Earth’s inner core may have started spinning in another way: Study

Earth's inner core may have started spinning in another way: Study
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New research suggests that deep below the surface, the Earth's inner core may have changed direction

New research suggests that deep below the surface, the Earth’s inner core may have changed direction.

Far below our feet, a giant may have begun to move against us.

Earth inner coreA hot iron ball the size of Pluto has stopped spinning in the same direction as the rest of the planet and may even be spinning in the opposite direction, according to a study released Monday.

About 5,000 kilometers (3,100 miles) below our surface, this “planet within a planet” can rotate independently because it floats on the planet’s surface. liquid metal outer core.

Exactly how the inner core rotates has been a matter of debate among scientists, and the latest research is expected to be controversial.

What little is known about the inner core comes from measuring the small differences in seismic waves caused by earthquakes or sometimes nuclear explosions as they pass through the center of the Earth.

A new study, published in the journal, seeks to track the movements of the inner core Natural Geology analyzed seismic waves from repeated earthquakes over the past six decades.

The authors of the study, Xiaodong Song and Yi Yang of Peking University in China, said they found that the rotation of the inner core “stopped around 2009 and then reversed.”

“We believe that the inner core swings back and forth like a pendulum relative to the Earth’s surface.”

“One period of the swing is about seven decades,” meaning it changes direction about every 35 years.

They predicted that it had previously reversed direction in the early 1970s and that the next face-off would be in the mid-2040s.

The researchers said this rotation roughly coincides with changes in the so-called “length of the day” — small changes in the exact time it takes for the Earth to rotate on its axis.

Stuck in the middle

So far, there is little evidence that the inner core has much effect on surface dwellers.

But the researchers said they believe there are physical connections between all of Earth’s layers, from the inner core to the surface.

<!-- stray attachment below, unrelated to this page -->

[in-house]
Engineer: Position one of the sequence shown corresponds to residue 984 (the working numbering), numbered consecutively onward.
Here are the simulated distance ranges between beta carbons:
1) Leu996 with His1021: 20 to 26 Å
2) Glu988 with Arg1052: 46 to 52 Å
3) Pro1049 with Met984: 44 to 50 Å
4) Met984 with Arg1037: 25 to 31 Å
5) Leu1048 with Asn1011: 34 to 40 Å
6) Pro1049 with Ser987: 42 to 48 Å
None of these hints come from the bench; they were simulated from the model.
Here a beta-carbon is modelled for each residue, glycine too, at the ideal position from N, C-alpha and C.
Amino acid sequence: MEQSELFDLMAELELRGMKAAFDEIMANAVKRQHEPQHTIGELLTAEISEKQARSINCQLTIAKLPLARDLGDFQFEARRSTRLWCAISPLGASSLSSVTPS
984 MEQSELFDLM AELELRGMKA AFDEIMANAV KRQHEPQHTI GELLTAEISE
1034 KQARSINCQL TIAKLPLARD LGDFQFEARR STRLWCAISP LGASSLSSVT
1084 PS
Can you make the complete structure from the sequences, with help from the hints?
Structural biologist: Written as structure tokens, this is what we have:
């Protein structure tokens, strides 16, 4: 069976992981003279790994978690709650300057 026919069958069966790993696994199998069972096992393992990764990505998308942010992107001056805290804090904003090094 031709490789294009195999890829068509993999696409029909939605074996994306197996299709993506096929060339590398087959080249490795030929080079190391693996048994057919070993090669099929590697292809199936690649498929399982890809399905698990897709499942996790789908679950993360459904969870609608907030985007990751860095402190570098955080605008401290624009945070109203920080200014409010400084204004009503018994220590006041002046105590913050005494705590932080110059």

“We hope that our study can encourage some researchers to build and test models that consider the entire Earth as an integrated dynamical system.”

Experts not involved in the study expressed caution about its findings, pointing to a number of other theories and warning that many mysteries remain about the center of the Earth.

“This is a very careful study by excellent scientists who put in a lot of data,” said John Vidale, a seismologist at the University of Southern California.

“(But) none of the models explain all the data very well in my opinion,” he said.

Vidale published research last year suggesting that the inner core oscillates more quickly and changes direction every six years. His work was based on two seismic waves nuclear explosions In the late 1960s and early 1970s.

That time frame is close to the point at which Monday’s study found that the inner core finally changed direction — what Vidale called “kind of a coincidence.”

Geophysicists ‘divided’

Vidale says there’s good evidence to back it up—he says the inner core only moved significantly from 2001 to 2013 and has stayed put ever since.

Hrvoje Tkalcic, a geophysicist at the Australian National University, has published research suggesting that the cycle of the inner core occurs every 20 to 30 years, rather than every 70 years suggested in a recent study.

“These mathematical models are probably all wrong because they explain the observed data but are not required for the data,” Tkalcic said.

“Therefore, the geophysical community will be divided on this finding and the topic will remain controversial.”

I have compared seismologists to doctors who “study the internal organs of patients using imperfect or limited equipment.”

With no such thing as CT scans, “the image of the Inner Earth is still fuzzy,” he said, predicting more surprises to come.

It may contain more on the theory that inside the inner core may be another iron ball, like a Russian doll.

“Something’s going on and I think we’re going to figure it out,” Vidale said.

“But that could take ten years.”

Yi Yang et al, Multiannual variation of Earth’s internal core rotation, Natural Geology (2023). DOI: 10.1038/s41561-022-01112-z

© 2023 AFP

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